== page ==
Review: The Humans (Broadway in Chicago)

| February 2, 2018

Richard Thomas, Therese Plaehn, Pamela Reed, Lauren Klein, Daisy Eagan and Luis Vega star in The Humans            


The Humans

Written by Stephen Karam
Cadillac Palace, 151 W. Randolph (map)
thru Feb 11  |  tix: $22-$90  |  more info
Check for half-price tickets   


Haunting and poignant


Richard Thomas, Therese Plaehn, Pamela Reed, Lauren Klein, Daisy Eagan and Luis Vega star in The Humans

Broadway in Chicago presents
The Humans

Review by Lauren Whalen

Playwright Stephen Karam, also known for Speech and Debate, has been adapting Chekhov of late. His take on The Cherry Orchard went up on Broadway in 2016 (the same year The Humans won the Tony Award for Best Play). His film adaptation of The Seagull, starring Annette Bening, is forthcoming this year. This is fitting, as The Humans has very Chekhov-ian elements: family dynamics, old memories, and differing viewpoints clashing Daisy Eagan and Therese Plaehn star as Brigid and Aimee in The Humans, Broadway Chicagoon major and minor levels. Leaving the play’s opening night performance in Chicago, I heard several audience members saying, “I don’t get it.” I respectfully disagree: I got it, and then some. Thoughtfully directed by Joe Mantello, the first national tour of the Broadway hit chronicles a family Thanksgiving dinner with realistic – and haunting – results.

Struggling composer Brigid Blake (Daisy Eagan) is hosting her family for Thanksgiving in the New York City apartment she shares with her older boyfriend, graduate student Richard (Luis Vega). The duplex is large and slightly off-kilter, much like the Blakes themselves. Patriarch Erik (Richard Thomas) dearly loves his youngest daughter but can’t understand why she wants to live in such a city, such a flat. Mom Dierdre (Pamela Reed) is busy taking care of her wheelchair-bound mother-in-law Momo (Lauren Klein), who is struggling with dementia. Still, Dierdre can’t resist little digs at Brigid’s living-in-sin situation. Meanwhile, older sister Aimee (Therese Plaehn) is losing her job due to a chronic illness, and has recently broken up with her long-time girlfriend. As they nibble on appetizers, drink in the Irish way (read: a lot), and banter back and forth, the faulty electricity and loud noises of the old apartment building portend a dark undercurrent.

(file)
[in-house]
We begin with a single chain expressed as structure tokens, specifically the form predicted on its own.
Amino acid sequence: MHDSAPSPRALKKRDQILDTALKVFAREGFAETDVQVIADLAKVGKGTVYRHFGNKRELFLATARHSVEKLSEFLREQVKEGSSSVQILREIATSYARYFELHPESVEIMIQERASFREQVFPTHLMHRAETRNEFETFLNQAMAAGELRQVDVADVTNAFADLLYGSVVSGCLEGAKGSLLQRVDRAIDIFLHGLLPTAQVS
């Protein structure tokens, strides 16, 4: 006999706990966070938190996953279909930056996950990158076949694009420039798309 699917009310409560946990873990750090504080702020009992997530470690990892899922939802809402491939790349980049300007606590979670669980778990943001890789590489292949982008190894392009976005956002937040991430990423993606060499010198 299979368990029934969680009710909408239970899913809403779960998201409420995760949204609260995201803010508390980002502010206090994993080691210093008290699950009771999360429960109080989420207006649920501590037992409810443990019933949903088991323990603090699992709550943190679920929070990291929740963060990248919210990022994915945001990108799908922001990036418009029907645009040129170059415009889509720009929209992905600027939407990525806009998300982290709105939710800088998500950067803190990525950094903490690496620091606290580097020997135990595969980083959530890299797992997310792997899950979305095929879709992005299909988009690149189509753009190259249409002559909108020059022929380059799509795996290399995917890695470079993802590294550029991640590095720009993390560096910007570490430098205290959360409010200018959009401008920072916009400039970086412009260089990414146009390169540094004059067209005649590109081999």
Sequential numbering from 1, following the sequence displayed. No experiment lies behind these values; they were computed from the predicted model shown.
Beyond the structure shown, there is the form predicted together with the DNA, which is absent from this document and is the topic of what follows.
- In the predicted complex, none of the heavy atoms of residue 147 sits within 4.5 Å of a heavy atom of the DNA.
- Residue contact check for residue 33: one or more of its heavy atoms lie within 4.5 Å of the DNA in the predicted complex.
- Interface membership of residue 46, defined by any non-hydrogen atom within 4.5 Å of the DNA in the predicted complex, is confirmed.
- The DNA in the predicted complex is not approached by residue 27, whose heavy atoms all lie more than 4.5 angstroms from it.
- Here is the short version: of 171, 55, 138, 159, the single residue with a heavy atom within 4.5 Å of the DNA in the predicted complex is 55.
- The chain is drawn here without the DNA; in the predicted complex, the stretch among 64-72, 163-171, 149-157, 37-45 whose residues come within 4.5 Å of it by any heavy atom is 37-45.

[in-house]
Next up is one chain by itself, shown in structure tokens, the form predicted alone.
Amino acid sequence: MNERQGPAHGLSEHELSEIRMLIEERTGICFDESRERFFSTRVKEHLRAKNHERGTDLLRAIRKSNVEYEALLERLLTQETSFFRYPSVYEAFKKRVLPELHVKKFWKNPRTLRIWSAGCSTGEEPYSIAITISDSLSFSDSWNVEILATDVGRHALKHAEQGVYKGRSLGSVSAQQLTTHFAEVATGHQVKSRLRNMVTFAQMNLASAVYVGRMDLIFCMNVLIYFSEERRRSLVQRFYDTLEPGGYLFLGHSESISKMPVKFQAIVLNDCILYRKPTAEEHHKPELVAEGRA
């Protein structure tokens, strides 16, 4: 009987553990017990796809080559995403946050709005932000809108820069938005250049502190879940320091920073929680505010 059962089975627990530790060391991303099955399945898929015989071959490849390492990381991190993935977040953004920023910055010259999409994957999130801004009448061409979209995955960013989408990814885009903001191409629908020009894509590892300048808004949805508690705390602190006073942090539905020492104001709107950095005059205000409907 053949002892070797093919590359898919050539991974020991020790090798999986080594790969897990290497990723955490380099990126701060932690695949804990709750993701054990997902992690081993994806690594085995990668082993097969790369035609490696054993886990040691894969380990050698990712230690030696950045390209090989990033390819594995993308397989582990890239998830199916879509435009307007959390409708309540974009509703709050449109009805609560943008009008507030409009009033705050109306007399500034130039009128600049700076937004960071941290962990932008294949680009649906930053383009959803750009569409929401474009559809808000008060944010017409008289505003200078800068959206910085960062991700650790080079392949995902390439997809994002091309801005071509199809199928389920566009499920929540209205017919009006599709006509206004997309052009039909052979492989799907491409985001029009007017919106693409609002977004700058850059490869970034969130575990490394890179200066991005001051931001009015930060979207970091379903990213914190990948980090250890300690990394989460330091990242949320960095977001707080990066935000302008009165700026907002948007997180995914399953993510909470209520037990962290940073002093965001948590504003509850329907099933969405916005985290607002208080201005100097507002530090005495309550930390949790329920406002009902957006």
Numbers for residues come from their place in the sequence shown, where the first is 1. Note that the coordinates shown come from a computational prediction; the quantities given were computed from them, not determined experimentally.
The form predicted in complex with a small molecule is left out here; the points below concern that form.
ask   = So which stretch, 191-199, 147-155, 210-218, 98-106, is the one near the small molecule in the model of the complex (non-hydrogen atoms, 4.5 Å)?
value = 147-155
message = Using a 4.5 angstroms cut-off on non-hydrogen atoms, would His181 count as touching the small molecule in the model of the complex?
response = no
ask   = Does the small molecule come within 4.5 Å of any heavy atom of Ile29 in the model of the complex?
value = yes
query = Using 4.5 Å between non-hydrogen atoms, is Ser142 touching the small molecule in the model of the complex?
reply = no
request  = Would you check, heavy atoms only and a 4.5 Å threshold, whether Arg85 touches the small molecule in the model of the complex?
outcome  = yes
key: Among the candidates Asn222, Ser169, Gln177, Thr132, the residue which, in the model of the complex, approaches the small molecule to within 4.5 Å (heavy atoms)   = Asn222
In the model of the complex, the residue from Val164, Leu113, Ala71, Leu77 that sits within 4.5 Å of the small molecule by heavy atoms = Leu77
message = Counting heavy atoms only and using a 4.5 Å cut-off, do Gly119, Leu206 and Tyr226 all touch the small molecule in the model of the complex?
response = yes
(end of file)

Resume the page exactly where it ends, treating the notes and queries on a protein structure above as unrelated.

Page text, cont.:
Watching The Humans, I realized that there is something eerie about living in an older apartment building, as many of us city-dwellers do. Privacy basically doesn’t exist. You’re never fully alone, and though this can be comforting, it’s also a bit disturbing that others are privy to your most intimate moments. Aided by director Mantello and a crack production team, Karam’s play brings this out brilliantly. As tension builds in the family’s interactions, lights go out and neighbors bang from above. The effect is spectacularly unsettling, symbolic without going overboard. David Zinn’s scenic design perfectly recreates the creaky floors and dirty windows of a large, cheap urban living space, even showing the thin insulation between floors. Justin Townsend’s lighting is letter-perfect, especially a creepy final moment involving Brigid and Erik. Ditto Fitz Patton’s sound, relatable to anyone who’s inhabited a shared living space. The dialogue is wonderfully authentic and even the quippy moments sound like real people talking. When secrets are revealed, it’s not with a bang but a whimper (or several): much like real life.